Several epidemiologic studies have indicated an increased risk of lung cancer among welders. We used the SYNERGY project database to assess welding as a risk factor for developing lung cancer. The database includes data on 15,483 male lung cancer cases and 18,388 male controls from 16 studies in Europe, Canada, China, and New Zealand conducted between 1985 and 2010. Odds ratios and 95% confidence intervals between regular or occasional welding and lung cancer were estimated, with adjustment for smoking, age, study center, and employment in other occupations associated with lung cancer risk. Overall, 568 cases and 427 controls had ever worked as welders and had an odds ratio of developing lung cancer of 1.44 (95% confidence interval: 1.25, 1.67) with the odds ratio increasing for longer duration of welding. In never and light smokers, the odds ratio was 1.96 (95% confidence interval: 1.37, 2.79). The odds ratios were somewhat higher for squamous and small cell lung cancers than for adenocarcinoma. Another 1,994 cases and 1,930 controls had ever worked in occupations with occasional welding. Work in any of these occupations was associated with some elevation of risk, though not as much as observed in regular welders. Our findings lend further support to the hypothesis that welding is associated with an increased risk of lung cancer. PMID:24052544

  16. Computational fluid dynamics modeling of airflow inside lungs using heterogenous anisotropic lung tissue elastic properties.

    PubMed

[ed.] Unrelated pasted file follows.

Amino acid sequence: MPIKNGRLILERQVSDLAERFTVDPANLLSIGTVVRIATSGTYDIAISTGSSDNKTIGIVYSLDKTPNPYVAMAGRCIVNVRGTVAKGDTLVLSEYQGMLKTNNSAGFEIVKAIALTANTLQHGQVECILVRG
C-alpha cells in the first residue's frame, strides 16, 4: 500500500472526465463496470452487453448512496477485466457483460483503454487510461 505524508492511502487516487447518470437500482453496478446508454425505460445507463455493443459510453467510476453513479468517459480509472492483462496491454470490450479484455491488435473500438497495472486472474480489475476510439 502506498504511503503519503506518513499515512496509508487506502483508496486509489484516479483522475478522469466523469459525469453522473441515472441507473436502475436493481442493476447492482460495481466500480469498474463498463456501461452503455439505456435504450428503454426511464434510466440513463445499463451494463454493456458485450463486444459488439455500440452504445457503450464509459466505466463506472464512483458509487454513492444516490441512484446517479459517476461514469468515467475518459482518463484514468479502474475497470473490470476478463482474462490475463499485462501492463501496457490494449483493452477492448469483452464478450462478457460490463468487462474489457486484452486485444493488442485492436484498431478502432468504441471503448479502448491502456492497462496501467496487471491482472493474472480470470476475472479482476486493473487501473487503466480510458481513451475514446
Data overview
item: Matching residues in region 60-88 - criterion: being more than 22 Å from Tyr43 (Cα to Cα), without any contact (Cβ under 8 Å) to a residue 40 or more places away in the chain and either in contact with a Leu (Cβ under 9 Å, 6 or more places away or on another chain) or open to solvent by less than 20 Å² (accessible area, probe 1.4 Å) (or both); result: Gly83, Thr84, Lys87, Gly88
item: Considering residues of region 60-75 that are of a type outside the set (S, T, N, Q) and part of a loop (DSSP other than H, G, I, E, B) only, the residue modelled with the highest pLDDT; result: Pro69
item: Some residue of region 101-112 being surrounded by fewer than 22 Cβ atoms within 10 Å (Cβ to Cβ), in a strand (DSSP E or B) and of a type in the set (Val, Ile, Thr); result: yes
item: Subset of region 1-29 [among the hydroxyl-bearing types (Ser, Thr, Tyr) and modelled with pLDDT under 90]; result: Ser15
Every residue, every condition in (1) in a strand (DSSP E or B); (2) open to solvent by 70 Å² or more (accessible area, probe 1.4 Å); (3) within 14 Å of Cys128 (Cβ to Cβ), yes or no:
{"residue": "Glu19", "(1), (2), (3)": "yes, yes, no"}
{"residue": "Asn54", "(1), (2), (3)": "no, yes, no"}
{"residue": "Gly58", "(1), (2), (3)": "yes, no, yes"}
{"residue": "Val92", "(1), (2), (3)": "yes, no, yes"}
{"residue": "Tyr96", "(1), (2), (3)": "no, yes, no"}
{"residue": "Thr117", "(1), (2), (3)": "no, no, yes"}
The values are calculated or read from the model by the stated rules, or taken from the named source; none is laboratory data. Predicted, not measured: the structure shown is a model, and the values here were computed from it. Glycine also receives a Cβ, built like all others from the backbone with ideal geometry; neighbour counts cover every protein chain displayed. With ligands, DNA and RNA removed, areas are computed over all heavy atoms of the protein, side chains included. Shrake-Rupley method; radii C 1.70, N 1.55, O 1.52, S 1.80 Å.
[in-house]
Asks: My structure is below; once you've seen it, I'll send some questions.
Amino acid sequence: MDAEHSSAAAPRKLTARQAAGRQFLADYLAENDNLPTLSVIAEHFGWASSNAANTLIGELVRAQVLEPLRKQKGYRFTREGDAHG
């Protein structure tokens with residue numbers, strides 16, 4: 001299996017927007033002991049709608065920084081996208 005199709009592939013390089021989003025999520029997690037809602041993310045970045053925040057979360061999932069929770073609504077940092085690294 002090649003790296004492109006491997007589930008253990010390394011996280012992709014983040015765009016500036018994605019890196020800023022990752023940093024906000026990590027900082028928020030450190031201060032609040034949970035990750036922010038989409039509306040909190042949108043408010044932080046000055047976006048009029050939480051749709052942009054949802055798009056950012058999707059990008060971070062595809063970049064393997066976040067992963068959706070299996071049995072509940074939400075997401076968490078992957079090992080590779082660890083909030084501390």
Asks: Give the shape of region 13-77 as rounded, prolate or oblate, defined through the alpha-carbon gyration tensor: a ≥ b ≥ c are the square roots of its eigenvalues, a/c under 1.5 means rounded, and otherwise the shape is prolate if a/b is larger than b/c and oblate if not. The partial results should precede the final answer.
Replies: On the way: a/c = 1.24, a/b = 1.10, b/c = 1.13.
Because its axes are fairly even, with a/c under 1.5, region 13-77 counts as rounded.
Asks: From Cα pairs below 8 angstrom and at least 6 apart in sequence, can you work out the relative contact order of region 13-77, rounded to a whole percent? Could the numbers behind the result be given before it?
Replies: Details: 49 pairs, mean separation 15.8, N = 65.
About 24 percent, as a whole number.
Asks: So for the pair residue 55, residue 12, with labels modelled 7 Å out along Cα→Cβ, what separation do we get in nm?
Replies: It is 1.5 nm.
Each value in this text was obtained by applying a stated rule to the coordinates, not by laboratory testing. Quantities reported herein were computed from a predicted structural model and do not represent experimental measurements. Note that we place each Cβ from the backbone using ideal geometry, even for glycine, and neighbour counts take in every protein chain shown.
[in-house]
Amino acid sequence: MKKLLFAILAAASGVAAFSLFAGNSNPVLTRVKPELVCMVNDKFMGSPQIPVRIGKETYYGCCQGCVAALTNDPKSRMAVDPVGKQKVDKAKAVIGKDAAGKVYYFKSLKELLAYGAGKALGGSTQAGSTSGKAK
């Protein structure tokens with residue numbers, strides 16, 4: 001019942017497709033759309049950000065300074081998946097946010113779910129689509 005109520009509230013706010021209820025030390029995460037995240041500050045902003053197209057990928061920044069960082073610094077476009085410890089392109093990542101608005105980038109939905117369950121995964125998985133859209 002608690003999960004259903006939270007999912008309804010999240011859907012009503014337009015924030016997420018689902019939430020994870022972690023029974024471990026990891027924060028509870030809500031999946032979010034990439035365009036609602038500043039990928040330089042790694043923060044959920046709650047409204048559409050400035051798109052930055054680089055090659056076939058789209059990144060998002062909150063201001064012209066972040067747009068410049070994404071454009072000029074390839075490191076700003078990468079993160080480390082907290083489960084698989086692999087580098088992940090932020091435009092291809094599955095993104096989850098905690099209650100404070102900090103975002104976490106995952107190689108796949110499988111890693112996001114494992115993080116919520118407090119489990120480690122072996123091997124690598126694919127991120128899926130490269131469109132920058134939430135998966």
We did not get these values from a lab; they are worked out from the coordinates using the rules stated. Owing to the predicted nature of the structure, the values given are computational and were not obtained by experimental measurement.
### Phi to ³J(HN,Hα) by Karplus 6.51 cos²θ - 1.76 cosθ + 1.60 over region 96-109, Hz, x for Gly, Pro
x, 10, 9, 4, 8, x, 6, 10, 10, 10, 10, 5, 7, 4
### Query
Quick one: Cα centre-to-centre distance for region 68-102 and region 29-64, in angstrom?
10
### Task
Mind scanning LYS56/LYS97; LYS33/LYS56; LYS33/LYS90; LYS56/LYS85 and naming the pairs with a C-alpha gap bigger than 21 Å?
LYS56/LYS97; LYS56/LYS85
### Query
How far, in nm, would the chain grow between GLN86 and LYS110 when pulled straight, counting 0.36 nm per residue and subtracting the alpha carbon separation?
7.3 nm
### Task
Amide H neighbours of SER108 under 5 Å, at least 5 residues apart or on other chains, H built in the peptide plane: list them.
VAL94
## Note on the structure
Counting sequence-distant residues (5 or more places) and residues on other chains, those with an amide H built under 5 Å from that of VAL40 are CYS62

Ilegbusi, Olusegun; Li, Ziang; Min, Yugang; Meeks, Sanford; Kupelian, Patrick; Santhanam, Anand P

    2012-01-01

    The aim of this paper is to model the airflow inside lungs during breathing and its fluid-structure interaction with the lung tissues and the lung tumor using subject-specific elastic properties. The fluid-structure interaction technique simultaneously simulates flow within the airway and anisotropic deformation of the lung lobes. The three-dimensional (3D) lung geometry is reconstructed from the end-expiration 3D CT scan datasets of humans with lung cancer. The lung is modeled as a poro-elastic medium with anisotropic elastic property (non-linear Young's modulus) obtained from inverse lung elastography of 4D CT scans for the same patients. The predicted results include the 3D anisotropic lung deformation along with the airflow pattern inside the lungs. The effect is also presented of anisotropic elasticity on both the spatio-temporal volumetric lung displacement and the regional lung hysteresis. PMID:22356987

  17. Lung Oxidative Damage by Hypoxia

    PubMed Central

    Araneda, O. F.; Tuesta, M.

    2012-01-01